At first, it's hard to tell what's got Rabbi Doug Kohn so jazzed.
The slight Connecticut transplant with graying sideburns barrels out of his Toyota Prius and waves his outstretched palm across a five-acre Redlands lot.
"Isn't it incredible?" he asks.
Just beyond Kohn on a recent morning lies an expanse of dirt, rocks and weeds. But for the rabbi, this barren lot, the new site for Congregation Emanu El, holds the future of the Inland Empire's Jewish community.
Emanu El, once the only Jewish congregation in San Bernardino, moved east to Redlands last December, leaving one of the biggest cities in California with no center for organized Judaism.
The controversial move, after more than a century in San Bernardino, is the exclamation point to decades of eastward migration by the city's Jewish community. A look across the horizon behind the lot, Kohn says, tells the community's story.
Following the 10 Freeway west, one sees San Bernardino. According to local historians, the first Jews to settle in Southern California arrived in San Bernardino on a wagon train in the mid-19th century along with a group of Mormons. Over the decades, the community flourished. The city's central library is even named after a former rabbi at Emanu El.
Tracking the freeway east, one comes to Redlands and other small neighboring cities. As jobs evaporated and crime worsened in San Bernardino, many professionals, among them many members of the city's Jewish community, moved east.
The decision by Emanu El's leaders to break its historic ties to San Bernardino spurred dissent from some congregants, most notably from its prominent rabbi emeritus. But Kohn said the move was unavoidable if the temple was to stop hemorrhaging congregants who were moving away.
He compared the eastward shift to other Jewish migrations, including that of the Jewish community in Los Angeles, which was once based on the Eastside but has since moved west.
"Would you argue that all of the Jews of the Valley, the Westside and Orange County move back to Boyle Heights?" said Kohn, who specialized in Jewish American migration during his rabbinical studies.
Kohn estimated that about 300 Jews still live in the city of San Bernardino, a fifth of the number there at its peak in the 1980s.
The congregation then boasted more than 500 families, roughly half of whom lived in San Bernardino. Now more than three quarters of the congregation, which is down to about 250 families, live outside the city. Since moving to Redlands, temple leaders say, their congregation has grown, turnout for services has ballooned and more families have expressed interest.
With the closure of the Norton Air Force Base and a depressed job market weakening San Bernardino's draw, living in neighboring communities makes more sense for many. Two hospitals and a university serve as magnets for migration into Redlands and surrounding cities, including Highland, Yucaipa, Beaumont and Banning.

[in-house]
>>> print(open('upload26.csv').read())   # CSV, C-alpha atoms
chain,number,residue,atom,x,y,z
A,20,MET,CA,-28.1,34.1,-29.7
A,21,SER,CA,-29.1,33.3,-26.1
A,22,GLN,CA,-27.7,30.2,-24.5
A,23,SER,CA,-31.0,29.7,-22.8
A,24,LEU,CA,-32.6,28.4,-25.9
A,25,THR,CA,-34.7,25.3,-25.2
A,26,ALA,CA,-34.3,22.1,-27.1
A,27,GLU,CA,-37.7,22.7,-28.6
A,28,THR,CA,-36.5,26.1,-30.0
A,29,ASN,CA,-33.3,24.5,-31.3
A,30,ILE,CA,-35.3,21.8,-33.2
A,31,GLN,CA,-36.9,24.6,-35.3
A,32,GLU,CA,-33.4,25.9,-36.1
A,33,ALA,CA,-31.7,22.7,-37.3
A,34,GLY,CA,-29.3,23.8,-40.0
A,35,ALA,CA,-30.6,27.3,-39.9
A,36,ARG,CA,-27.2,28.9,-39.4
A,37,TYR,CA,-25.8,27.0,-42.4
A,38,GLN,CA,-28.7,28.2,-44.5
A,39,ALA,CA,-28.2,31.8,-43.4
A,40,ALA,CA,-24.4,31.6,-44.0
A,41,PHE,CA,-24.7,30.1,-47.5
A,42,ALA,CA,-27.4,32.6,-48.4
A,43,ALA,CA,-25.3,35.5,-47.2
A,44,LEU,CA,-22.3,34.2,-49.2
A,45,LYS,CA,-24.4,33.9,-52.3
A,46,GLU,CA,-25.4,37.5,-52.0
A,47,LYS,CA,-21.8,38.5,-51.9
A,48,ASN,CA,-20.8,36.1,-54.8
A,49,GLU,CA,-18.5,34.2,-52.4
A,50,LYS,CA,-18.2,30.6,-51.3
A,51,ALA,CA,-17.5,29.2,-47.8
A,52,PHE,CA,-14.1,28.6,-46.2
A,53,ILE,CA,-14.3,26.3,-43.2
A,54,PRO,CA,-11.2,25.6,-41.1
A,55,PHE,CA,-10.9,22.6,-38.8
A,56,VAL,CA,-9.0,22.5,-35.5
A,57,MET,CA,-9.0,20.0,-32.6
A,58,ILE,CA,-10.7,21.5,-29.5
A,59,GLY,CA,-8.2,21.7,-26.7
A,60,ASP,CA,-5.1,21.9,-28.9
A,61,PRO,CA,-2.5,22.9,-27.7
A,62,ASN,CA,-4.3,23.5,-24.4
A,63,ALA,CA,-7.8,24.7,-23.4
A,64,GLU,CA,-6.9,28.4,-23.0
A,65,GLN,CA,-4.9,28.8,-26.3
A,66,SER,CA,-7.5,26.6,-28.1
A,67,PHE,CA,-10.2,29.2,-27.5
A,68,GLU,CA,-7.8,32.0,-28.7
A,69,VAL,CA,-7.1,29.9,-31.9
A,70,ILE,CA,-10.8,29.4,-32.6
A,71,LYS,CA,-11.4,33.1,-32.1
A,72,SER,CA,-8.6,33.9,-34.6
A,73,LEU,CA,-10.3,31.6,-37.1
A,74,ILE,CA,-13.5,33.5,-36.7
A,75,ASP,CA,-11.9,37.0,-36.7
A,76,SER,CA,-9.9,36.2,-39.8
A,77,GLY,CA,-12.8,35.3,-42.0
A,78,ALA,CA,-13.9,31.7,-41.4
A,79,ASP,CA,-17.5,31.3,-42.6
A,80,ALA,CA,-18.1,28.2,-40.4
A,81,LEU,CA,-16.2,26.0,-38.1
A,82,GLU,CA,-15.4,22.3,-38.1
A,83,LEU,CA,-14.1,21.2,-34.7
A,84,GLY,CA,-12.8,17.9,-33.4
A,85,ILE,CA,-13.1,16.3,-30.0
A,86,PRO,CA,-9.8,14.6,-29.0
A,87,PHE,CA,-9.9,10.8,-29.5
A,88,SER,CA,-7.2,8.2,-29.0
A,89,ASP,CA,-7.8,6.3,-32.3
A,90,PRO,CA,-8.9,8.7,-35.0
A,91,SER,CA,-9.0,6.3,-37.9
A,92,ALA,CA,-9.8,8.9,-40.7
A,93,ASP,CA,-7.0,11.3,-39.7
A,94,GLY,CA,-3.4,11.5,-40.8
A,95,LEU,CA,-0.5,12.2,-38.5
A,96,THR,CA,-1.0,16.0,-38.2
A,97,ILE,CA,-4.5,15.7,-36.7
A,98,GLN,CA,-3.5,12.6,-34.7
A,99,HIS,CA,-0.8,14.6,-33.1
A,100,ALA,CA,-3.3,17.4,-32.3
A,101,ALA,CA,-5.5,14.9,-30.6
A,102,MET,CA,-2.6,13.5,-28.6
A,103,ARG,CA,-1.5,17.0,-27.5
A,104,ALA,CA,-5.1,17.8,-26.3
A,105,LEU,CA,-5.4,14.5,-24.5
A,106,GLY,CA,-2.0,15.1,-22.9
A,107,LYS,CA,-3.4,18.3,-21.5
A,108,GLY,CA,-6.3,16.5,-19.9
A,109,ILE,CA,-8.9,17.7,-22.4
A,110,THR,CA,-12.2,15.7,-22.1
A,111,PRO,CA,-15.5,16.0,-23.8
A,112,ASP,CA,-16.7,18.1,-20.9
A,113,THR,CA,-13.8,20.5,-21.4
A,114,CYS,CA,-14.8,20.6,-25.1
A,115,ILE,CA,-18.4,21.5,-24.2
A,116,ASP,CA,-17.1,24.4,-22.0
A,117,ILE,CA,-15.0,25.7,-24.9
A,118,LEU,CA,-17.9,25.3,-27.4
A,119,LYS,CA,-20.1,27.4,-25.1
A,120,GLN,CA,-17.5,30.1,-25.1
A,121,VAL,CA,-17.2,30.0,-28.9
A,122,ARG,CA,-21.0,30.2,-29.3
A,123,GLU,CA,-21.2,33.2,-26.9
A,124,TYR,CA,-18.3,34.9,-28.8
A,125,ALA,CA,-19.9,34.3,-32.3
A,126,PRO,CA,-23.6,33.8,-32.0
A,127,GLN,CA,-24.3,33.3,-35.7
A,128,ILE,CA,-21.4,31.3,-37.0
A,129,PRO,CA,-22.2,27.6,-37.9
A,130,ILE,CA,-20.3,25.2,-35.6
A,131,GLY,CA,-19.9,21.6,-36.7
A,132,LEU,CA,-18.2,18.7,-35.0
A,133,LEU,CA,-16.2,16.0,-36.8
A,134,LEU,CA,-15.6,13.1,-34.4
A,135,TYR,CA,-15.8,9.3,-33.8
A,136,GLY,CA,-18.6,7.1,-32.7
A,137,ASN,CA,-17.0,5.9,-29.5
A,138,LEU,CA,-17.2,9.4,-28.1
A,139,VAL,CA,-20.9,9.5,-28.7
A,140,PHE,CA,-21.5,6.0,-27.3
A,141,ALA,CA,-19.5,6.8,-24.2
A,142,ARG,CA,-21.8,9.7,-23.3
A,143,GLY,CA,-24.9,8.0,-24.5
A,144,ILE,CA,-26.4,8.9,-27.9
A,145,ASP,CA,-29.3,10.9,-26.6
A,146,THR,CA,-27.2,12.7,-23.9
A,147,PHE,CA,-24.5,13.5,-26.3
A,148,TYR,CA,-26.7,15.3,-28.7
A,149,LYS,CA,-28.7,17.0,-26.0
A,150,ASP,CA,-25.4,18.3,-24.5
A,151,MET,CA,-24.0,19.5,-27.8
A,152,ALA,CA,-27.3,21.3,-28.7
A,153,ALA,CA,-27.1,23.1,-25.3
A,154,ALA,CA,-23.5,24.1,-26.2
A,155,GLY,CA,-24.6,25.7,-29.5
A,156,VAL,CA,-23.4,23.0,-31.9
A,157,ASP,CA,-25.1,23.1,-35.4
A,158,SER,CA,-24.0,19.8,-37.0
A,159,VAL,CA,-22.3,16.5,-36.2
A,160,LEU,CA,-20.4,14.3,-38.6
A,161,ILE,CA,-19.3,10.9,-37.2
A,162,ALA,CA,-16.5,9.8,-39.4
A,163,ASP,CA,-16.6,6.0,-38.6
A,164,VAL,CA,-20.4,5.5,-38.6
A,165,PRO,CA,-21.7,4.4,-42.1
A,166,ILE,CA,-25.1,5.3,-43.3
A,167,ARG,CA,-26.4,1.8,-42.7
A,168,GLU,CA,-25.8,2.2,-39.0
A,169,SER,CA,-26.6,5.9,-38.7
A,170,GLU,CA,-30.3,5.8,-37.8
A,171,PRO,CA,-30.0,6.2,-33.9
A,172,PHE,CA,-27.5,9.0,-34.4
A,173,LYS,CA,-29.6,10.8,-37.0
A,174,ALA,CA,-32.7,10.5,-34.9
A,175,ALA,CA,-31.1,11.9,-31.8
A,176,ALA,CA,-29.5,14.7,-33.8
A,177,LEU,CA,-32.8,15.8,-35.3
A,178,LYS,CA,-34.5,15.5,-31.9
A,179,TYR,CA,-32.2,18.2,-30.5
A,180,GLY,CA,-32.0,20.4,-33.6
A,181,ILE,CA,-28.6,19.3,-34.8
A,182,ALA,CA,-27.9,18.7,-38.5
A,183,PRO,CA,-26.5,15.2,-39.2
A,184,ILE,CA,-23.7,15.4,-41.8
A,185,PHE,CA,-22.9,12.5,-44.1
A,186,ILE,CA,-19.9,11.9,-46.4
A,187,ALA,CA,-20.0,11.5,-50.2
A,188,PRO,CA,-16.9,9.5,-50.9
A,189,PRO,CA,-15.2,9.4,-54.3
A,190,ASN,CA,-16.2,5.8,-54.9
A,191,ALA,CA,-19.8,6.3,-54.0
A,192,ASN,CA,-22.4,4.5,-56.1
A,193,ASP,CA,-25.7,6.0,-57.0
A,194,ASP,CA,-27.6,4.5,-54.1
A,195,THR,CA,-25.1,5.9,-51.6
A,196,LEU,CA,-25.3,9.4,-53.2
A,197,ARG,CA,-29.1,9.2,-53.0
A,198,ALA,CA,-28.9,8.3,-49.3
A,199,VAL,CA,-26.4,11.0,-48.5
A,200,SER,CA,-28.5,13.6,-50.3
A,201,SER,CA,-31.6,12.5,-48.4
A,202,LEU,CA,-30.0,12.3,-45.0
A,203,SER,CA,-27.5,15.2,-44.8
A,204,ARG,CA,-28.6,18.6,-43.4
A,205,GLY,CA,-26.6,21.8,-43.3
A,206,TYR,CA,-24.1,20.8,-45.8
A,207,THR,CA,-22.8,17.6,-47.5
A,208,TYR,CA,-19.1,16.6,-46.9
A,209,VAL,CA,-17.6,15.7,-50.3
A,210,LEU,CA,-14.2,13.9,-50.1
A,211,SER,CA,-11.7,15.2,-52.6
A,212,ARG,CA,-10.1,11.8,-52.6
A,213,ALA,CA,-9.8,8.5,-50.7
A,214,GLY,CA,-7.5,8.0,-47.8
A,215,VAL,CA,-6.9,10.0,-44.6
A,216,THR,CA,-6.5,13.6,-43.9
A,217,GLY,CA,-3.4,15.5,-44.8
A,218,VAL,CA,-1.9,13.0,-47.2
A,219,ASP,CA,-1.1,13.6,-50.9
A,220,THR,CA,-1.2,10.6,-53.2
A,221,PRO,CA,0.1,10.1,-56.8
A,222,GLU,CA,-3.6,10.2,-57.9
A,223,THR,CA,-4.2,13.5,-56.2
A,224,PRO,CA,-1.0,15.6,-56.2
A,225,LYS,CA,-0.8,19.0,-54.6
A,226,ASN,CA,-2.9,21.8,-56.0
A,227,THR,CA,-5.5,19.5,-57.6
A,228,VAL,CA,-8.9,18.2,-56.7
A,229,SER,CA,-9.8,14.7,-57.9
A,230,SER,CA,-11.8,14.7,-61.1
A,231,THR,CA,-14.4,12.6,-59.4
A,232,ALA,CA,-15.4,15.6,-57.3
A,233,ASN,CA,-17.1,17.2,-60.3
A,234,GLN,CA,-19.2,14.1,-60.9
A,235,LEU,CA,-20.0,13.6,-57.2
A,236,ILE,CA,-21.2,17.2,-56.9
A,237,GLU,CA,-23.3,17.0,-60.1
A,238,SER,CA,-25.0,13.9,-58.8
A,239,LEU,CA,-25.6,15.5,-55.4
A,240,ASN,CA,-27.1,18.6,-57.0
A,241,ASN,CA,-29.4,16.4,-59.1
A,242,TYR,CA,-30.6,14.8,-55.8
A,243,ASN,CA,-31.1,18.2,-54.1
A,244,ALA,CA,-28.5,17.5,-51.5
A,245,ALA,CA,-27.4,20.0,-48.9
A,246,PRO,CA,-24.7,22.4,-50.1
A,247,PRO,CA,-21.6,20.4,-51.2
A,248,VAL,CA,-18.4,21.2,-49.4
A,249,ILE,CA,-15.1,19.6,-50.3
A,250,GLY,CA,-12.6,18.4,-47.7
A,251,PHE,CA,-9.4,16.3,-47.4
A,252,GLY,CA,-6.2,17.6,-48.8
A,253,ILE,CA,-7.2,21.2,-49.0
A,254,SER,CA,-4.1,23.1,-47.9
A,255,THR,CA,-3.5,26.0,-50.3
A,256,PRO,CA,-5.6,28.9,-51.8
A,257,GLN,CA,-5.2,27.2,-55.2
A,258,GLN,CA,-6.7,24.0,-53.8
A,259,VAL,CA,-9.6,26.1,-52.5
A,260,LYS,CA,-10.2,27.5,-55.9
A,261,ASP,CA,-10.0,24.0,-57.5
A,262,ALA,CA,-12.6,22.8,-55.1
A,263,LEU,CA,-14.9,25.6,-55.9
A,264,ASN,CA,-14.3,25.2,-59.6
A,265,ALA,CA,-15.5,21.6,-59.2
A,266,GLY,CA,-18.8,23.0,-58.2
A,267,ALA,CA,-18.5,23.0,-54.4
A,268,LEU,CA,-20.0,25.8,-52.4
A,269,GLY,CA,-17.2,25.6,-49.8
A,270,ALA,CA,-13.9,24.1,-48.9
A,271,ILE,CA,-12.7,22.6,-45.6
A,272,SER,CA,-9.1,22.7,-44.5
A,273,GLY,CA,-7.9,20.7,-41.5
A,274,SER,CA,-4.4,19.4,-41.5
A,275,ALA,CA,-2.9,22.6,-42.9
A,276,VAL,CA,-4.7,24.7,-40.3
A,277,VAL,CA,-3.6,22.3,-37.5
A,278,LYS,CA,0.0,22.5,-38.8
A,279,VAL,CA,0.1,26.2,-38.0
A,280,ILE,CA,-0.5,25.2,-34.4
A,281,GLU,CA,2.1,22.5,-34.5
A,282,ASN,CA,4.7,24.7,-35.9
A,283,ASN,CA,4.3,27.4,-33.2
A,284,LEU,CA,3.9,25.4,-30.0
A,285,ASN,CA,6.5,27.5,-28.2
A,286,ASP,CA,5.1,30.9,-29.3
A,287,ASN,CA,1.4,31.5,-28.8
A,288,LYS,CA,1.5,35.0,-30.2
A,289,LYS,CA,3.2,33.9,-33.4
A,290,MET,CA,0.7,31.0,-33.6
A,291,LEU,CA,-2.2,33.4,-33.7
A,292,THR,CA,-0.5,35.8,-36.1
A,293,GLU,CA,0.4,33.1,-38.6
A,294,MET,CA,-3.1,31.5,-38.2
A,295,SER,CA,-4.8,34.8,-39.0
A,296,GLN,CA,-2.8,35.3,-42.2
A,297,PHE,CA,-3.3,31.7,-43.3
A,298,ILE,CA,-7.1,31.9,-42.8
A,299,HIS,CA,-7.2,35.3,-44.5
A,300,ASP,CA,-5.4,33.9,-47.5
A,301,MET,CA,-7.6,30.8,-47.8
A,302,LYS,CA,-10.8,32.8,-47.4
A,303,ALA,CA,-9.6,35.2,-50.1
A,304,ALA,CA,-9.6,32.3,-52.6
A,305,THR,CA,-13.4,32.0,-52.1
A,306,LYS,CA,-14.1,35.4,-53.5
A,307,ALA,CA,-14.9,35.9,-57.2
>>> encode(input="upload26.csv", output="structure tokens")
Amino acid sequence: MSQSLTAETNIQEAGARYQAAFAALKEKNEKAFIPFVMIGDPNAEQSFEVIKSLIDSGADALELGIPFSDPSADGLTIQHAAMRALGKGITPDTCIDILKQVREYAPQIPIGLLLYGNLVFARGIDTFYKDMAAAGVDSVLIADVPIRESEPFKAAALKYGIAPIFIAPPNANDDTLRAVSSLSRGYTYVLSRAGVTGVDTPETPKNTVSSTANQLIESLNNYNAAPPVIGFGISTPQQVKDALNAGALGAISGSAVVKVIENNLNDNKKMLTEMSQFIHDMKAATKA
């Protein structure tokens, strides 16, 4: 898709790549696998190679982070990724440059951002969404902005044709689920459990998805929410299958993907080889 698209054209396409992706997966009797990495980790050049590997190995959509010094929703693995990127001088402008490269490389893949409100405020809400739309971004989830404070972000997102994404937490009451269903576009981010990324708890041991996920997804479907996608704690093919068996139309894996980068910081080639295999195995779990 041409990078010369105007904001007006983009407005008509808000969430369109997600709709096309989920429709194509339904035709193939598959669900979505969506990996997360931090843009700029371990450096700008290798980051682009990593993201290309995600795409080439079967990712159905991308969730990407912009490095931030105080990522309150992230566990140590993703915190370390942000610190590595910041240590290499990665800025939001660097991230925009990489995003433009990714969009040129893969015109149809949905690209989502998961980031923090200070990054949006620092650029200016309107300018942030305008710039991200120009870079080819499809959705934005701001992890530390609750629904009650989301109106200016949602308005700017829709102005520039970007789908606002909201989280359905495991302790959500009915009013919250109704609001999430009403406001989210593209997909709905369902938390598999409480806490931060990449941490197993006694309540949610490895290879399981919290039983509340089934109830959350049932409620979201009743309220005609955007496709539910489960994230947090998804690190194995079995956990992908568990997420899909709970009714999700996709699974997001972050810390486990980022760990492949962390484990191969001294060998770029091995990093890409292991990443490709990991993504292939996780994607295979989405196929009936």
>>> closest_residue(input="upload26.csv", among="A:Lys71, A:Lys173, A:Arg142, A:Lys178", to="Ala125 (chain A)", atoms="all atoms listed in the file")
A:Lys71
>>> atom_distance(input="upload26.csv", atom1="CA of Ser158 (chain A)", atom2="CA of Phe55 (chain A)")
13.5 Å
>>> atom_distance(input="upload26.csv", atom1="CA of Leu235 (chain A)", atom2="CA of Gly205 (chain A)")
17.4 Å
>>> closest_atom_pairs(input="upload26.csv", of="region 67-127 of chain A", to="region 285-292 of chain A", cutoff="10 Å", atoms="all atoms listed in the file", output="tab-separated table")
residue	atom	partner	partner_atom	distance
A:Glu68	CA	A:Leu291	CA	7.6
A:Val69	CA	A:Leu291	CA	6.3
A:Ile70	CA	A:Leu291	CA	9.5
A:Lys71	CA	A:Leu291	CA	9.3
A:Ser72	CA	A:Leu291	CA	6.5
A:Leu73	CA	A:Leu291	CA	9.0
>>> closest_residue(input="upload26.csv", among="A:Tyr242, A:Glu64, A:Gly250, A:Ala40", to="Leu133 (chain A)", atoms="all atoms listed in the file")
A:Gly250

Still, not all of the synagogue's congregants were pleased with the move. Rabbi Hillel Cohn, leader at Emanu El for three decades, blasted the decision, saying it frayed a historic association with the city of San Bernardino.
In a recent interview, the rabbi, 71, said he understood that moving was sometimes unavoidable for congregations but that it should occur only when a majority of congregants has moved far away, not 20 minutes or so to the east.
"Frankly, in our world today people are enamored with the new," he said. "But it's just that this synagogue has been such an integral part of the city for so long."
The decision to depart has left some bruised feelings. Cohn said a number of non-Jewish residents in San Bernardino -- where he lives -- have asked why the synagogue is leaving.
The departure drew the attention of San Bernardino Mayor Pat Morris, who called it a significant loss for the city. The synagogue's members, he said, have historically been leaders in the community.
The mayor said Emanu El's move was part of a broad migration of upper-middle-income professionals out of the city.
"With the closing of shops, the closing of the Air Force base, a whole series of major blue-collar employers leaving, life changed in this fair city," Morris said. "More dependence on government resources, higher welfare. It is what it is."
Congregants at Emanu El say that shift was evident at the synagogue, with car break-ins and tagging nearby and the need for surveillance cameras and for security guards at services.
To ease the transition for longtime congregants, synagogue leaders took cherished items from the old synagogue to a temporary location in Redlands, close to the lot where the permanent temple will eventually be built.
A black marble memorial wall honoring late congregants, relatives and friends, was moved to the temporary site. So was a wooden Simcha wall showcasing miniature plaques that recall decades-old anniversaries, births and other festive occasions.
A half-dozen Torah scrolls hand-written on tanned ram skins -- one of which is said to have been carried on that first wagon train -- sit near the sanctuary's center.
The goal is to bring the whole spectrum of memories, Kohn says, the old with the new.
"We've done a wonderful job of taking the past with us. Any community that does not evolve ossifies and fails," he said, pausing.
"The secret is to evolve but bring your past as an anchor."